Looking forward to our next time together.
by Pete Mosher
A wife who remains ever-faithful and strong in sickness instead of health. Children who can’t wait to ride bikes, climb trees and run around with their Daddy.
58 birthday cards (and five dozen holy cookies) awaiting our daughter on her birthday. Family driving six hours to celebrate Thanksgiving with us.
140 financial donors giving over $27,000 to support our family. A second city that we know like home.
Reconnecting with dear friends and their growing families that time and distance had nudged away. Texts, emails, phone calls or Facebook PMs just to say “Hi” (even if they aren’t always returned).
Two faith communities where we belong and are supported. A reading group (Russian literature, Dostoevsky) that is stretching me cognitively, emotionally and spiritually.
A career and an employer that allow me the dignity of meaningful work away from home. Insurance that covers quite a bit of my care and (so far) has treated me like a person and a patient more than a number and an actuarial statistic.
Skilled and caring professions making medical miracles every day. 14,013 organ donors and families that gave the gift of life last year.
A generous person and family who may be making that decision right now.
One breath, then another, another, and another.
Thank you for being real In an unreal time
Is it Death breathing down your neck
Or just another terrifying episode in the ER
1/8th step forward
40 meters back
You sent me the Facebook message early this morning
And responded throughout the day
To my text messages
Then at Sasha’s at 5 p.m.
Just as John, Cab, and I were talking about Dostoevsky
You phoned me
And told me how upset, exhausted, undone you were
Up all night and at the hospital
I felt singled out
That you would share all of that
You must know I’ll receive and accept everything you say
Our lives converging in more ways than one
Send someone to get me
All there is Is this (shitty) present moment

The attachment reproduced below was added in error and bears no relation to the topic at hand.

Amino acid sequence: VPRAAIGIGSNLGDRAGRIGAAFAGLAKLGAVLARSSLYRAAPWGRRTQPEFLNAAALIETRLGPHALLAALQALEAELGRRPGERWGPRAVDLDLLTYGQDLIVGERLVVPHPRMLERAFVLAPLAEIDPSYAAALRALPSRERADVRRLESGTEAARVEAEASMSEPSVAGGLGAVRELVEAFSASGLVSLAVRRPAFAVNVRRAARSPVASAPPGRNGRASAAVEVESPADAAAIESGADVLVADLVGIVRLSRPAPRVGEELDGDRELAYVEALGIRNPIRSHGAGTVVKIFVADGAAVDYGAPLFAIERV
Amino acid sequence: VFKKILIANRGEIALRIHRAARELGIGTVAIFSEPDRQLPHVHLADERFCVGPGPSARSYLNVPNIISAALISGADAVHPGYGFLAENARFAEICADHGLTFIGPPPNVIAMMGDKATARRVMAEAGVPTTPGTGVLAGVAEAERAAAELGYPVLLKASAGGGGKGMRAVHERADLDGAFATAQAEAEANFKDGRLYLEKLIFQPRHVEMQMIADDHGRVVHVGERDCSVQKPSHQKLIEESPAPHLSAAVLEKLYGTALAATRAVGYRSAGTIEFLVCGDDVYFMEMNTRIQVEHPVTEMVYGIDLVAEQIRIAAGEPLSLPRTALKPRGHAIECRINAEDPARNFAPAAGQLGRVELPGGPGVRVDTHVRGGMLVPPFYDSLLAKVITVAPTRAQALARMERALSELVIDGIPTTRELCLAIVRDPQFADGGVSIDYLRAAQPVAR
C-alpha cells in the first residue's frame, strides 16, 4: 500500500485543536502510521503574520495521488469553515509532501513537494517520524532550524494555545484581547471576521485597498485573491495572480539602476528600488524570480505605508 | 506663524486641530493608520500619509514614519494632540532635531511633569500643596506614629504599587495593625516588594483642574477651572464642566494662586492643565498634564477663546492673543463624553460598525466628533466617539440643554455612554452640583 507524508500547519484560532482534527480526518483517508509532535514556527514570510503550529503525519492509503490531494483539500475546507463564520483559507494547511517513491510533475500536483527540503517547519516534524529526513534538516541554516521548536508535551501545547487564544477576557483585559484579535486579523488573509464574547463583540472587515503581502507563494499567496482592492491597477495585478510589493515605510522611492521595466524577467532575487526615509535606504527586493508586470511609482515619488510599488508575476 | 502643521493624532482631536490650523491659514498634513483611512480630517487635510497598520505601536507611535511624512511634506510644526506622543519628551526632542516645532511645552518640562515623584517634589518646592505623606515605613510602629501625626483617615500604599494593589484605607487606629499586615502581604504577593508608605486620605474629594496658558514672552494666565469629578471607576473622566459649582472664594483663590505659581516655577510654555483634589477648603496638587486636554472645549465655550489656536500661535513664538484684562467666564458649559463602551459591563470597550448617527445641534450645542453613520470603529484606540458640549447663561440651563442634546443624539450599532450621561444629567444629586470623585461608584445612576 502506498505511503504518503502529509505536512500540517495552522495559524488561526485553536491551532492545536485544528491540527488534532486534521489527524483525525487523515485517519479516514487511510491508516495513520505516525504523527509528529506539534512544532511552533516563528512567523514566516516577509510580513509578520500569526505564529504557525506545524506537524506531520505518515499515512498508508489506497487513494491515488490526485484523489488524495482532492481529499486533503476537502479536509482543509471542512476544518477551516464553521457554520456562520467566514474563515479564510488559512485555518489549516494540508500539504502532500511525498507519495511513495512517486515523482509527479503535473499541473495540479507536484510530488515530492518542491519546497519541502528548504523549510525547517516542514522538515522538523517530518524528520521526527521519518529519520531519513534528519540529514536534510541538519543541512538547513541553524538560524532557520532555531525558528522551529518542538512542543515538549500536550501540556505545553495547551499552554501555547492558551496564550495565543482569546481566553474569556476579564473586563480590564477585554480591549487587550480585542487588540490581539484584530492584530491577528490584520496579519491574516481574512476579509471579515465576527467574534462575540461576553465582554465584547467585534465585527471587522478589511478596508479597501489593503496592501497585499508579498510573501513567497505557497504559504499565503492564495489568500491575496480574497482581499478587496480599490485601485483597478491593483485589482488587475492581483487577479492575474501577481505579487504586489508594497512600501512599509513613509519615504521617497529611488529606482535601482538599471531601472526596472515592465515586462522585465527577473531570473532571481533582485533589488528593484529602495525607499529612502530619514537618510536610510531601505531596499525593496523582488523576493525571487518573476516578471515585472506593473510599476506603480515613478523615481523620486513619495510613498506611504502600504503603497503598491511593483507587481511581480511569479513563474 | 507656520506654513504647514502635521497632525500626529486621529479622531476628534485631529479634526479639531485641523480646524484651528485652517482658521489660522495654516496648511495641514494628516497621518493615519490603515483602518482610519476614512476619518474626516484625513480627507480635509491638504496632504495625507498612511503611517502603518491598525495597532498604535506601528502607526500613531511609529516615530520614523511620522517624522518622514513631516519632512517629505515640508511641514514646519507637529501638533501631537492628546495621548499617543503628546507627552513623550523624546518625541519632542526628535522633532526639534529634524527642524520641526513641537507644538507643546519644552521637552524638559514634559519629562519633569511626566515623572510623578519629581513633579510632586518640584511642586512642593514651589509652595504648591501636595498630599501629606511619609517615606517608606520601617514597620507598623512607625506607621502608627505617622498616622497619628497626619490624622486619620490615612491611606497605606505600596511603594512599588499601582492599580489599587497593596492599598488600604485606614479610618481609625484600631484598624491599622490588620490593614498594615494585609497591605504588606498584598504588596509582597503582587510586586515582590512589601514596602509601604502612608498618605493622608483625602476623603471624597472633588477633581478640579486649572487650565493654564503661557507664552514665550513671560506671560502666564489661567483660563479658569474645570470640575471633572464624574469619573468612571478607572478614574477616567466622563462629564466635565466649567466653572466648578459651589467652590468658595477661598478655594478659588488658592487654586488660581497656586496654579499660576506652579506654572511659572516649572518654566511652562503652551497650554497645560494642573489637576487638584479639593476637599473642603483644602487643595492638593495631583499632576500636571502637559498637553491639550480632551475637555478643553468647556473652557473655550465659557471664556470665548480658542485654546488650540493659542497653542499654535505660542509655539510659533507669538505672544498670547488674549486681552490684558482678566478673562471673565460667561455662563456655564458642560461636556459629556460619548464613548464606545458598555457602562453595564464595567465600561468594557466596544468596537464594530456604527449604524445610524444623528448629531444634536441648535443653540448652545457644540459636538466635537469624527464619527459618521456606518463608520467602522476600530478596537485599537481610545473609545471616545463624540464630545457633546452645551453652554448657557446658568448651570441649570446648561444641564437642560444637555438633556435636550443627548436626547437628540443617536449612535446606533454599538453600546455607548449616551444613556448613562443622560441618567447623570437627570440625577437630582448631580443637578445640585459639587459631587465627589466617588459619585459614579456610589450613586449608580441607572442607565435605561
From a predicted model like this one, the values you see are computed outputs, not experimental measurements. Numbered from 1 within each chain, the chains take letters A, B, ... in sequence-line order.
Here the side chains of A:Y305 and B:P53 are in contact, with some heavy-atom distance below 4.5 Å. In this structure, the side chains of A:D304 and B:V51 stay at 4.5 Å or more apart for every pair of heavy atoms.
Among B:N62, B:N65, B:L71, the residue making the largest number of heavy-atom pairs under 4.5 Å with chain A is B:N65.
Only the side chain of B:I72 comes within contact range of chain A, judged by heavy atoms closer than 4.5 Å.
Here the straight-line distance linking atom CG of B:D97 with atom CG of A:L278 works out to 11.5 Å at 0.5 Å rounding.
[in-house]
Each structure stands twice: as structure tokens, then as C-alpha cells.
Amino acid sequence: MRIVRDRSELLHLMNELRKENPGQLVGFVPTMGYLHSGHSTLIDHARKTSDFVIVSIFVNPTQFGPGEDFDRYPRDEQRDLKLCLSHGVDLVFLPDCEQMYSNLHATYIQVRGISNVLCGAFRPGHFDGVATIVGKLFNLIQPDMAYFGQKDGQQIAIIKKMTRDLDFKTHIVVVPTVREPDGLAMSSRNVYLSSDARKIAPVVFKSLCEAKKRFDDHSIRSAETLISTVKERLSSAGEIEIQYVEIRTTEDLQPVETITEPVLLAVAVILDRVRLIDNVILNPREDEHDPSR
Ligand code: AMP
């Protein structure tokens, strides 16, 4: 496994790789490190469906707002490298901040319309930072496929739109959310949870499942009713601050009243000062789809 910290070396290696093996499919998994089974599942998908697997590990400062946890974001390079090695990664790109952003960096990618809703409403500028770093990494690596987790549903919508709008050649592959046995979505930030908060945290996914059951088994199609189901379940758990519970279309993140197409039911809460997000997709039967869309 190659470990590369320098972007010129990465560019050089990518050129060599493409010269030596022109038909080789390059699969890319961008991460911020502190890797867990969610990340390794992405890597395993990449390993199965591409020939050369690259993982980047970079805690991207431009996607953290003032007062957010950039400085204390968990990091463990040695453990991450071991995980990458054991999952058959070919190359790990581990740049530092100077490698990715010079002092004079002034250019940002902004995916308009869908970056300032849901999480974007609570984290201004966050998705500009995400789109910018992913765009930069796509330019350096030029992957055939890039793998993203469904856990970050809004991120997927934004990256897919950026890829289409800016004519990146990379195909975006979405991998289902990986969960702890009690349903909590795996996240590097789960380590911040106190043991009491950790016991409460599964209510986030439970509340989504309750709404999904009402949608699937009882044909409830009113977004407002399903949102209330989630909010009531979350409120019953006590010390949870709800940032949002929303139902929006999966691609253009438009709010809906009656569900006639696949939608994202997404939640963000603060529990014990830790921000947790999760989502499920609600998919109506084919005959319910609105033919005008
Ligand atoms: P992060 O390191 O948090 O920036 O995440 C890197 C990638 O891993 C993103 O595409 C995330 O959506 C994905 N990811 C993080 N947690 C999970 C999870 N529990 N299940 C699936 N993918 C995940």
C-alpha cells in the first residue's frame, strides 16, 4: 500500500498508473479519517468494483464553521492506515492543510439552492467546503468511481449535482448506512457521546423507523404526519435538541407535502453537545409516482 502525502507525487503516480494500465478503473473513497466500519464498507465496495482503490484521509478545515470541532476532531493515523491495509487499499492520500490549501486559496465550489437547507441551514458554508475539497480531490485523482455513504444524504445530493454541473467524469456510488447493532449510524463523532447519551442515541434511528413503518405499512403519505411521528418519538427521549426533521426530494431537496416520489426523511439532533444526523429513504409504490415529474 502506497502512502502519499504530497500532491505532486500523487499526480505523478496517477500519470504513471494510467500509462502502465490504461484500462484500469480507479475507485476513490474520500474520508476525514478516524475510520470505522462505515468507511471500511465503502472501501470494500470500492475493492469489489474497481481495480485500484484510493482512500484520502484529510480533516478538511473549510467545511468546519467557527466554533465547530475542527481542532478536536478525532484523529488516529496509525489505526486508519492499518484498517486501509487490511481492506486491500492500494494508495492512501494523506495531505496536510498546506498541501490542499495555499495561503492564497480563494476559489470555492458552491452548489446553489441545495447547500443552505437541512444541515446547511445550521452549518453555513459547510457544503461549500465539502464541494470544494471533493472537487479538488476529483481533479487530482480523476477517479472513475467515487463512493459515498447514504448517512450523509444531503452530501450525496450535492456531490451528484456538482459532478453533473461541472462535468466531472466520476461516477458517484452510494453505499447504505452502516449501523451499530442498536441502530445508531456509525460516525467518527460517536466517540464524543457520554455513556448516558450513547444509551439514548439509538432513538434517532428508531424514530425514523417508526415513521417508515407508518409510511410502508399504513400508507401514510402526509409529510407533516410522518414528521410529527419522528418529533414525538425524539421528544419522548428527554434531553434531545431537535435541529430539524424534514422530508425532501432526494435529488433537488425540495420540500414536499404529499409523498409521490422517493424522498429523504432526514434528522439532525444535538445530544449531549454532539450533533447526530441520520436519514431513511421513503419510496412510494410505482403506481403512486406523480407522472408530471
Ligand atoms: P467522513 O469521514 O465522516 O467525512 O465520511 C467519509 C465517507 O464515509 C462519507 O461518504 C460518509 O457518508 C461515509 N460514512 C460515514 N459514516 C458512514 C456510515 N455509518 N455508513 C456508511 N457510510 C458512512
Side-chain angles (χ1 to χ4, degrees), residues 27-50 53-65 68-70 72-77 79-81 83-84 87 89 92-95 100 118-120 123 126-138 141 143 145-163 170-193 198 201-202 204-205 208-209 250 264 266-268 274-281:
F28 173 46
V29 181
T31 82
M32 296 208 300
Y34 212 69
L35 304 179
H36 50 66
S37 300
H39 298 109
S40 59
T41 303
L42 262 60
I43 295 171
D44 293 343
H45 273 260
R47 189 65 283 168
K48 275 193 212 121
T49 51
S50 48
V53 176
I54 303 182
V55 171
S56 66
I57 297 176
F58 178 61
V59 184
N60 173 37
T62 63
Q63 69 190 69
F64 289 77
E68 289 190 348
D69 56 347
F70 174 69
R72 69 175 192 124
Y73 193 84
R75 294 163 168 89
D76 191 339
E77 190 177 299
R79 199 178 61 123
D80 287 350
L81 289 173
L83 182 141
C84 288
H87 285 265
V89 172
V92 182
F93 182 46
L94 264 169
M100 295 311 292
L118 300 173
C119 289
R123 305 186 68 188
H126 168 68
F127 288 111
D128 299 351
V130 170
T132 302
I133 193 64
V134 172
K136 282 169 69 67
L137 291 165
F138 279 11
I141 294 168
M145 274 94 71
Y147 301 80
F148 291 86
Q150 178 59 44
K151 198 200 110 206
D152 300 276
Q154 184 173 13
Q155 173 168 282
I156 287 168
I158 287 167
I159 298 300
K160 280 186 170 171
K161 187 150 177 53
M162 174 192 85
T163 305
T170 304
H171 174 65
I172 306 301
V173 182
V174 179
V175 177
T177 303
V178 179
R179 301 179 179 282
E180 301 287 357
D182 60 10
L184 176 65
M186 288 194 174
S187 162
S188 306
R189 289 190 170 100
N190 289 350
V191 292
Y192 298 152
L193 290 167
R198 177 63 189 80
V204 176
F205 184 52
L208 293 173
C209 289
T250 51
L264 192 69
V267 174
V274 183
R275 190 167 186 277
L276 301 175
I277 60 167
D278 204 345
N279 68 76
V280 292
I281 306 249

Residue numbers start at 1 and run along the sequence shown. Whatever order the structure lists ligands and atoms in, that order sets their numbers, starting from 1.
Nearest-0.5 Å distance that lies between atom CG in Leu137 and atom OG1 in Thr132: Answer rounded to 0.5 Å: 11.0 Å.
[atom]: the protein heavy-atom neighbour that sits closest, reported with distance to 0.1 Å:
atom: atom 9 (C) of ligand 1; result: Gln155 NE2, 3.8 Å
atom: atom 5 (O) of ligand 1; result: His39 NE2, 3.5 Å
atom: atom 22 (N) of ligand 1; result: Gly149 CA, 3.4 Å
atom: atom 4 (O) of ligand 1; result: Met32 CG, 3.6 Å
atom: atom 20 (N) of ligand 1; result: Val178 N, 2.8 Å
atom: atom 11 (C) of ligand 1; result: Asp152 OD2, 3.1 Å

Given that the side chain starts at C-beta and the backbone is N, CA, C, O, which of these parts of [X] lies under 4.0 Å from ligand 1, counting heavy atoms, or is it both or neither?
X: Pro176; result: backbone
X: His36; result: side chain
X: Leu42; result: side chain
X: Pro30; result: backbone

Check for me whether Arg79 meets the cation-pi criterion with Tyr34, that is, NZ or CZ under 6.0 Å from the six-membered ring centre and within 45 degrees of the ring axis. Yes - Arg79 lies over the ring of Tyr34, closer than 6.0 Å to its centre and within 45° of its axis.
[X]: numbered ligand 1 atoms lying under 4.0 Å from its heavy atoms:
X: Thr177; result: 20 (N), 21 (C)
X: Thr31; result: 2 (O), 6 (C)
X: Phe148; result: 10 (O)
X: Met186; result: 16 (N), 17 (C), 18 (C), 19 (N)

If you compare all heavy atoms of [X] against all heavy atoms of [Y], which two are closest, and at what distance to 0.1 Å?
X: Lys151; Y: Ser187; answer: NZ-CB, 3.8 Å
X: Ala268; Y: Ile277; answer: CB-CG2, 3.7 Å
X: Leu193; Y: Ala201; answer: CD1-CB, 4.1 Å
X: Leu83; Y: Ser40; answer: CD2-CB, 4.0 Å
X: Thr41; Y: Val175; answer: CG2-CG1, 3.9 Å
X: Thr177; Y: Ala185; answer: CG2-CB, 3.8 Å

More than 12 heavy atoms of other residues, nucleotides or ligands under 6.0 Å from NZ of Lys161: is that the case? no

The long road ahead
Full of moments
Heart-rending and awesome
An Unbelievable Outgoingness of Heart
In the 90 minutes
After Pete was coded
Eileen said to me
In the ICU at Barnes Jewish Hospital
“I’m so sorry you have to see all this”
So Would We
“Where did you take him? Where did you take him?” the mad woman screamed in a rending voice.
And then Ninochka also started sobbing.
Kolya ran out of the room, the boys started going out after him. Finally Alyosha also went out after them.
“Let them cry it through,” he said to Kolya, “of course there’s no use trying to comfort them now. Let’s wait a minute then go back.”
“No, there’s no use, it’s terrible,” Kolya agreed. “You know, Karamazov,” he suddenly lowered his voice so that no one could hear, “I feel very sad, and if it were only possible to resurrect him, I’d give everything in the world!”
“Ah, so would I,” said Alyosha.
—Fyodor Dostoevsky, The Brothers Karamazov
On Saturday a young friend of mine, Pete, died in Barnes Jewish Hospital’s ICU. I was with his wife, Eileen, when it happened. He was 32, she is 31. They have two young kids. Took my class in 2001, 2002. I am going out with her and another friend from those SLU days in a couple of hours, I’ll see how she is. The funeral will be in Cincinnati, where they are from. They came here because Pete had a lung disease and was on the wait list at Barnes for a lung transplant.
Pete was in The Brothers Karamazov group with Tony and me.
It’s been a wretched time. The person I was with yesterday, Lucy, is a oncology nurse at Cardinal Glennon’s. I needed to talk to someone who knew that world of suffering and death.
Thanks for writing, Josh. You and Laura are the dearest of the dear.
Eileen Sends Me a Message at 4 a.m.
“I finished the obituary.”
Mev Puleo Died at age 32
May her memory be a provocation: Look around!
Dan Horkheimer Died at age 29
May his memory be an inspiration: Tend our gardens!
Pete Mosher Died at age 32
May his memory be a clap-clap: Wake up!
This page is part of my book, Dear Love of Comrades, which you can read here.